Ancient India's Contribtuion to Modern Civilization

zydenbos at zydenbos at
Fri Jun 13 23:03:20 UTC 1997

Replies to msg 12 Jun 97: indology at
(sudheer_birodkar at

 sc> It is corroborated
 sc> in the Oxford Dictionary that the English
 sc> Word "Cash" originated from the Sanskrit  term "Karsha".

"Cash" is from the Tamil kaacu, which is an old Dravidian word. In Kannada it
is the cognate kaasu, about which Kittel says (vol. 2 of his Kannada-English
Ditcionary, Madras, 1977, p. 442): "the smallest copper coin, a cash [N.B.!]; a
coin or money in general", and he mentions that the same word "kaasu" exists in
Telugu and Tulu too. Marathi has kaa;su (ibid.). That the word means "coin" can
be seen from an expression like "taamrada kaasu" (a kaasu of copper).

To say that "cash" is derived from Sanskrit (which means a particular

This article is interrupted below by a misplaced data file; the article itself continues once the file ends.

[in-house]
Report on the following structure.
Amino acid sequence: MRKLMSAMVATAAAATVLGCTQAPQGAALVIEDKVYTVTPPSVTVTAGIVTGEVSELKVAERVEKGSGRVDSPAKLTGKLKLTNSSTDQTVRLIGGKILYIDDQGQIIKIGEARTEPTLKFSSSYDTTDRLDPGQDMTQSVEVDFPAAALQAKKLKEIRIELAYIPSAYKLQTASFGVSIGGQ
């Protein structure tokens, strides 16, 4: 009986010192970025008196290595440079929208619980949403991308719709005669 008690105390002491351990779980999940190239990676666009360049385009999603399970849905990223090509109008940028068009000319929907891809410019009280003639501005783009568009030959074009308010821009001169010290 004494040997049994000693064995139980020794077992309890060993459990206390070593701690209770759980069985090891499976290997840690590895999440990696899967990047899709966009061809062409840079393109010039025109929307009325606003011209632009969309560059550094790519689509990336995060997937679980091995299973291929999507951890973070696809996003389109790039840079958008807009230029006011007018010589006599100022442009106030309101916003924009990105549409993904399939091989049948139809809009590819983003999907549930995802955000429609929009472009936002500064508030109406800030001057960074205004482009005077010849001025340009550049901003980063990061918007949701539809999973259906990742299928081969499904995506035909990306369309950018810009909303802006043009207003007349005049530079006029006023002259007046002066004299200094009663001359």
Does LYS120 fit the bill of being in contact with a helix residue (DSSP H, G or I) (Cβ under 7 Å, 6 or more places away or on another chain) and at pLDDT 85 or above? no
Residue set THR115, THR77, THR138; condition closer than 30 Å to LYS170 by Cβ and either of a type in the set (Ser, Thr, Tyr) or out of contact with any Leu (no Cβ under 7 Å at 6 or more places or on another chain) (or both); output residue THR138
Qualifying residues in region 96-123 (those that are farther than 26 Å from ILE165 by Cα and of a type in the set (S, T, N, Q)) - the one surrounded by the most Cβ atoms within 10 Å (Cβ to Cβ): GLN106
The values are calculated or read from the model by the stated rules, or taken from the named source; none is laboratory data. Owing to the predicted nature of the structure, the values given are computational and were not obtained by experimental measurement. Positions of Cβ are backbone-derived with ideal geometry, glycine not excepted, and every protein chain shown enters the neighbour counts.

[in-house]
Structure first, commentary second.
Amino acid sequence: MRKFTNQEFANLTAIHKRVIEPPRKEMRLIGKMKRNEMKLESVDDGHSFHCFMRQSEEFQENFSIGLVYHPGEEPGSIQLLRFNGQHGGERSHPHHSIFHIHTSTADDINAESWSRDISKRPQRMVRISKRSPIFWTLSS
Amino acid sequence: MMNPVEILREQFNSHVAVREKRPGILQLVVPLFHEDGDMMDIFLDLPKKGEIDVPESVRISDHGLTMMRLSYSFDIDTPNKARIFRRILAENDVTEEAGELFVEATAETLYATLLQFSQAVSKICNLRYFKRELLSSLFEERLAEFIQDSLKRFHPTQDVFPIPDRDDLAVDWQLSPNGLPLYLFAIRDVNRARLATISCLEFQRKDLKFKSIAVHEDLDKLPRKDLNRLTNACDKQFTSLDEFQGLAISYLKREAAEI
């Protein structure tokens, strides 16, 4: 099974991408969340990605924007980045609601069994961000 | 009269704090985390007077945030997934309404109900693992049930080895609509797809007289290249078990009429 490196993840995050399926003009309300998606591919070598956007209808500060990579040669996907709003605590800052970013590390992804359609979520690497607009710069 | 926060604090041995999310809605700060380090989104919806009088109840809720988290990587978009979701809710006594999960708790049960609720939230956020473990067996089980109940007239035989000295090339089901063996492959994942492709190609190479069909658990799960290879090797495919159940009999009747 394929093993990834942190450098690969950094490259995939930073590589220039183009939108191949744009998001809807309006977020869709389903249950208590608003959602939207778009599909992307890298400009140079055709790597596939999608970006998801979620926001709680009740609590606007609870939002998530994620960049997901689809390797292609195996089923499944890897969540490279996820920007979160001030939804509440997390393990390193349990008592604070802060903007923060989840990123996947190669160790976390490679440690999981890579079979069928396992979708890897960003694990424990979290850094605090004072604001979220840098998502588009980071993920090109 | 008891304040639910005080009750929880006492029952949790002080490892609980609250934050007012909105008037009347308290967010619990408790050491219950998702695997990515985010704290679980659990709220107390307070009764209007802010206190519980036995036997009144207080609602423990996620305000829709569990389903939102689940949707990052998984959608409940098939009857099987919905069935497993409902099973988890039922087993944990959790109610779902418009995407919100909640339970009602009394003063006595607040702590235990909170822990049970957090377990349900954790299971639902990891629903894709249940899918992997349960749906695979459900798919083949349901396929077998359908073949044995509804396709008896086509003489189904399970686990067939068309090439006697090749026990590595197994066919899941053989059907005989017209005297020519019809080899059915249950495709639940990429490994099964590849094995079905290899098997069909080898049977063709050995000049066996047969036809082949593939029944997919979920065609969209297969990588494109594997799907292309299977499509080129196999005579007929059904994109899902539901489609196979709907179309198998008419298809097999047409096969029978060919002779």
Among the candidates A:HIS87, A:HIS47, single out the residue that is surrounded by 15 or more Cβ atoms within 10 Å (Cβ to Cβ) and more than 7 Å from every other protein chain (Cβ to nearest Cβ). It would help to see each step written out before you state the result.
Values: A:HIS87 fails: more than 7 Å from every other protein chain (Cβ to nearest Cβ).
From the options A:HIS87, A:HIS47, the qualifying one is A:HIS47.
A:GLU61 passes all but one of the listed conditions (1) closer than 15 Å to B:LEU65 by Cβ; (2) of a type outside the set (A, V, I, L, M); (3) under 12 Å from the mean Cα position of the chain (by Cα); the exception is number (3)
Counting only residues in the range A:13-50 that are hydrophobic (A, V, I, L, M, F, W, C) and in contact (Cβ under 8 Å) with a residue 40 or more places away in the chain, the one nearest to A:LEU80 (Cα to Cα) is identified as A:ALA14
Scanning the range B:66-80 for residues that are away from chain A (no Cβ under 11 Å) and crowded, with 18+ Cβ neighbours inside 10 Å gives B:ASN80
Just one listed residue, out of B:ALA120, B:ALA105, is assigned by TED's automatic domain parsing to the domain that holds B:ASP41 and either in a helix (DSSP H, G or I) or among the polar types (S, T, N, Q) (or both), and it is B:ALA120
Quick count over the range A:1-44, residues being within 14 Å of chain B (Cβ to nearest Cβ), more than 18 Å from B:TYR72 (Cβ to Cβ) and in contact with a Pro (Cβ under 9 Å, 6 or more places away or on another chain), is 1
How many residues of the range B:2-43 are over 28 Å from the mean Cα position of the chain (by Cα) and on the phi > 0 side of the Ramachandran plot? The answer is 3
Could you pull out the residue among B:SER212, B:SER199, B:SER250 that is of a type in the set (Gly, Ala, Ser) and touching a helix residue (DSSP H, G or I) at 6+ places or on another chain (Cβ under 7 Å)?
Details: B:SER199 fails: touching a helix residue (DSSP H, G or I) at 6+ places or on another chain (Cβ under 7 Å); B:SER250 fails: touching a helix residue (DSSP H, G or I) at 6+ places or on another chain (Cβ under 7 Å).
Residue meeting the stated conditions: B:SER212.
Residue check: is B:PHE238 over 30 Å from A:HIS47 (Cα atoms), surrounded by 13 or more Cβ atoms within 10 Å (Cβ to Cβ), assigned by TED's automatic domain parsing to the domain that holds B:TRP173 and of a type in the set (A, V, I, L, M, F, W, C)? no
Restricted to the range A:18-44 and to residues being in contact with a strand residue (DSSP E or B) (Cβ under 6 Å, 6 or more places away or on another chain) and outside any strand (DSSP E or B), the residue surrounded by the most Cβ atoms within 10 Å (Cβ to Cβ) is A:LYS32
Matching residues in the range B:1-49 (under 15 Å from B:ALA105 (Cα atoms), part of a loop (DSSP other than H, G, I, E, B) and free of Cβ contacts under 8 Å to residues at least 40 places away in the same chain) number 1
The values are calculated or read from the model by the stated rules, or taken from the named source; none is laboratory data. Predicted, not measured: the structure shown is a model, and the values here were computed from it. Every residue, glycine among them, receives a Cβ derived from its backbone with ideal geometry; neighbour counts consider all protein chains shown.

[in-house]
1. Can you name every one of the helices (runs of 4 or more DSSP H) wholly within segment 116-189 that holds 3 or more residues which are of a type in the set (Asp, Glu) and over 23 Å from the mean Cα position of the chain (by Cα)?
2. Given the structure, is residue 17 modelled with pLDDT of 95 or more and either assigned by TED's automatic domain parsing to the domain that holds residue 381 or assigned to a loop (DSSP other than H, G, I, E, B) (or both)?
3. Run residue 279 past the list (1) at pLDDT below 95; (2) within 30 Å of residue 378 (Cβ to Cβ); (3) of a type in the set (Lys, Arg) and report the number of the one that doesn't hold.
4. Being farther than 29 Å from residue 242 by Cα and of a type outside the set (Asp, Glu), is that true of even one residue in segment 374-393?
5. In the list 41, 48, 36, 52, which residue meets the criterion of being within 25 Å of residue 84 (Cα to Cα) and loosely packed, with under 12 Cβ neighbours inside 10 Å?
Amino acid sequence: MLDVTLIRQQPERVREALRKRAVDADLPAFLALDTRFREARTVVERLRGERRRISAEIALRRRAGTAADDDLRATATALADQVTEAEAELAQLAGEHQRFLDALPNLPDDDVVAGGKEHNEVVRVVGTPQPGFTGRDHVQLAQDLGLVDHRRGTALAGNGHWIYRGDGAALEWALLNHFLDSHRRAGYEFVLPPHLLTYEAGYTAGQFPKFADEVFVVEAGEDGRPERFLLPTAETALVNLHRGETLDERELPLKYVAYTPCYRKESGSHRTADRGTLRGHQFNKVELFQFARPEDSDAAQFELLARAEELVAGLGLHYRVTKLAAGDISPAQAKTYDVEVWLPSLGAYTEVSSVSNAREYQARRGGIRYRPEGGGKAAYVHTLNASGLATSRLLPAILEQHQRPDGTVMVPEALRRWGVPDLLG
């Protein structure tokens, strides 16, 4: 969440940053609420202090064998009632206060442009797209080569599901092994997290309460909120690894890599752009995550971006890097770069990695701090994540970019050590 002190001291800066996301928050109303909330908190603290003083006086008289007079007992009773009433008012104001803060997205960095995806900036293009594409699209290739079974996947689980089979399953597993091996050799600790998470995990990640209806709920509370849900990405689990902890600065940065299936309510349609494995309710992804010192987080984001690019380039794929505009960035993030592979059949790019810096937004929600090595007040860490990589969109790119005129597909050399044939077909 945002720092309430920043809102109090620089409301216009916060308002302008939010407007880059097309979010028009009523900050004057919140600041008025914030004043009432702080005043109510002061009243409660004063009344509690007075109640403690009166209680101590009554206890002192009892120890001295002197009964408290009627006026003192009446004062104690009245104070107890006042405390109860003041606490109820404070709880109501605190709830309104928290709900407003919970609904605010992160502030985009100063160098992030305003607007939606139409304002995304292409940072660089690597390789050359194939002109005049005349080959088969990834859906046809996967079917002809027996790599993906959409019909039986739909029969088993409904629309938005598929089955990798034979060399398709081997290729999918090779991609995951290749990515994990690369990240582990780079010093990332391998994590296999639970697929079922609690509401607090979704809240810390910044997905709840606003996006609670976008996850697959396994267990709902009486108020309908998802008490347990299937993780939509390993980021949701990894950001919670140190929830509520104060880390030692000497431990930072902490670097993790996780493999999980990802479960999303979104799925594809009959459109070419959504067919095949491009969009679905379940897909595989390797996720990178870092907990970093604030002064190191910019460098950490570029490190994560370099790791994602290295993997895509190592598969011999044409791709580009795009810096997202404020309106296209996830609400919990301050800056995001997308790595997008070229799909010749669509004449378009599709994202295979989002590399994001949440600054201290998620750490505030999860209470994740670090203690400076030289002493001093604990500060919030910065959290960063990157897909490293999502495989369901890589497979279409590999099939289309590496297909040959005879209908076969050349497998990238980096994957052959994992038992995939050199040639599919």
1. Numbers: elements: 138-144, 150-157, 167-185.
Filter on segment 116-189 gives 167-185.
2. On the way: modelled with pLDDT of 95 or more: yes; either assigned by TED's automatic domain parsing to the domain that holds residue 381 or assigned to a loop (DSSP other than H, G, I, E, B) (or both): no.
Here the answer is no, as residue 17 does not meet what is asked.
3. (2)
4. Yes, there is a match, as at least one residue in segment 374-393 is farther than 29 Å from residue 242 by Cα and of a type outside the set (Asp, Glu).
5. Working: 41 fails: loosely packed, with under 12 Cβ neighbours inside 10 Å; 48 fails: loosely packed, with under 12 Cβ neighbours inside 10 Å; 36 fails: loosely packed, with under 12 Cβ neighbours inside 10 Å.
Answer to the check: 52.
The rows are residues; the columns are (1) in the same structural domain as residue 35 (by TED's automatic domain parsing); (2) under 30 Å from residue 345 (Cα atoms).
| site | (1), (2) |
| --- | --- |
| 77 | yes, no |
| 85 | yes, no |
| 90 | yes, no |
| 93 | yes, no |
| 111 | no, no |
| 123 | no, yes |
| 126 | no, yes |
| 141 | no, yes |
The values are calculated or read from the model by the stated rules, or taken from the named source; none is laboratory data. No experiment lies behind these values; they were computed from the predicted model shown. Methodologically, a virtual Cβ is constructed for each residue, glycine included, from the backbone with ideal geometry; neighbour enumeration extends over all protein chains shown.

measure of gold), and to base this statement on the Oxford English Dictionary,
seems to show that the writer has misread that dictionary. It clearly says
(Compact Edition, vol. 1, p. 347, quoting Yule, i.e. probably Hobson-Jobson)
that the word is "adaption (ultimately) Tamil kaasu ('or perhaps some Konkani
form of it'), name of a small coin, or weight of money." Singhalese kaasi,
which is also mentioned in the Oxford dictionary, has probably been borrowed
from Tamil, just as the Marathi will have been borrowed from Kannada, and it is
unclear why the Sanskrit "karsha" should be mentioned in that entry at all
(unless one wants "cash" to be an Aryan rather than a Dravidian word and
"contribution to modern civilization").

If "ancient India's contribution to modern civilization" is to be judged by the
number of words borrowed into English, then the renowned Hobson-Jobson
Dictionary can provide many more such instances. Does this criterion also imply
that people who do not speak English do not partake of modern civilization? I
hope not.

Robert Zydenbos

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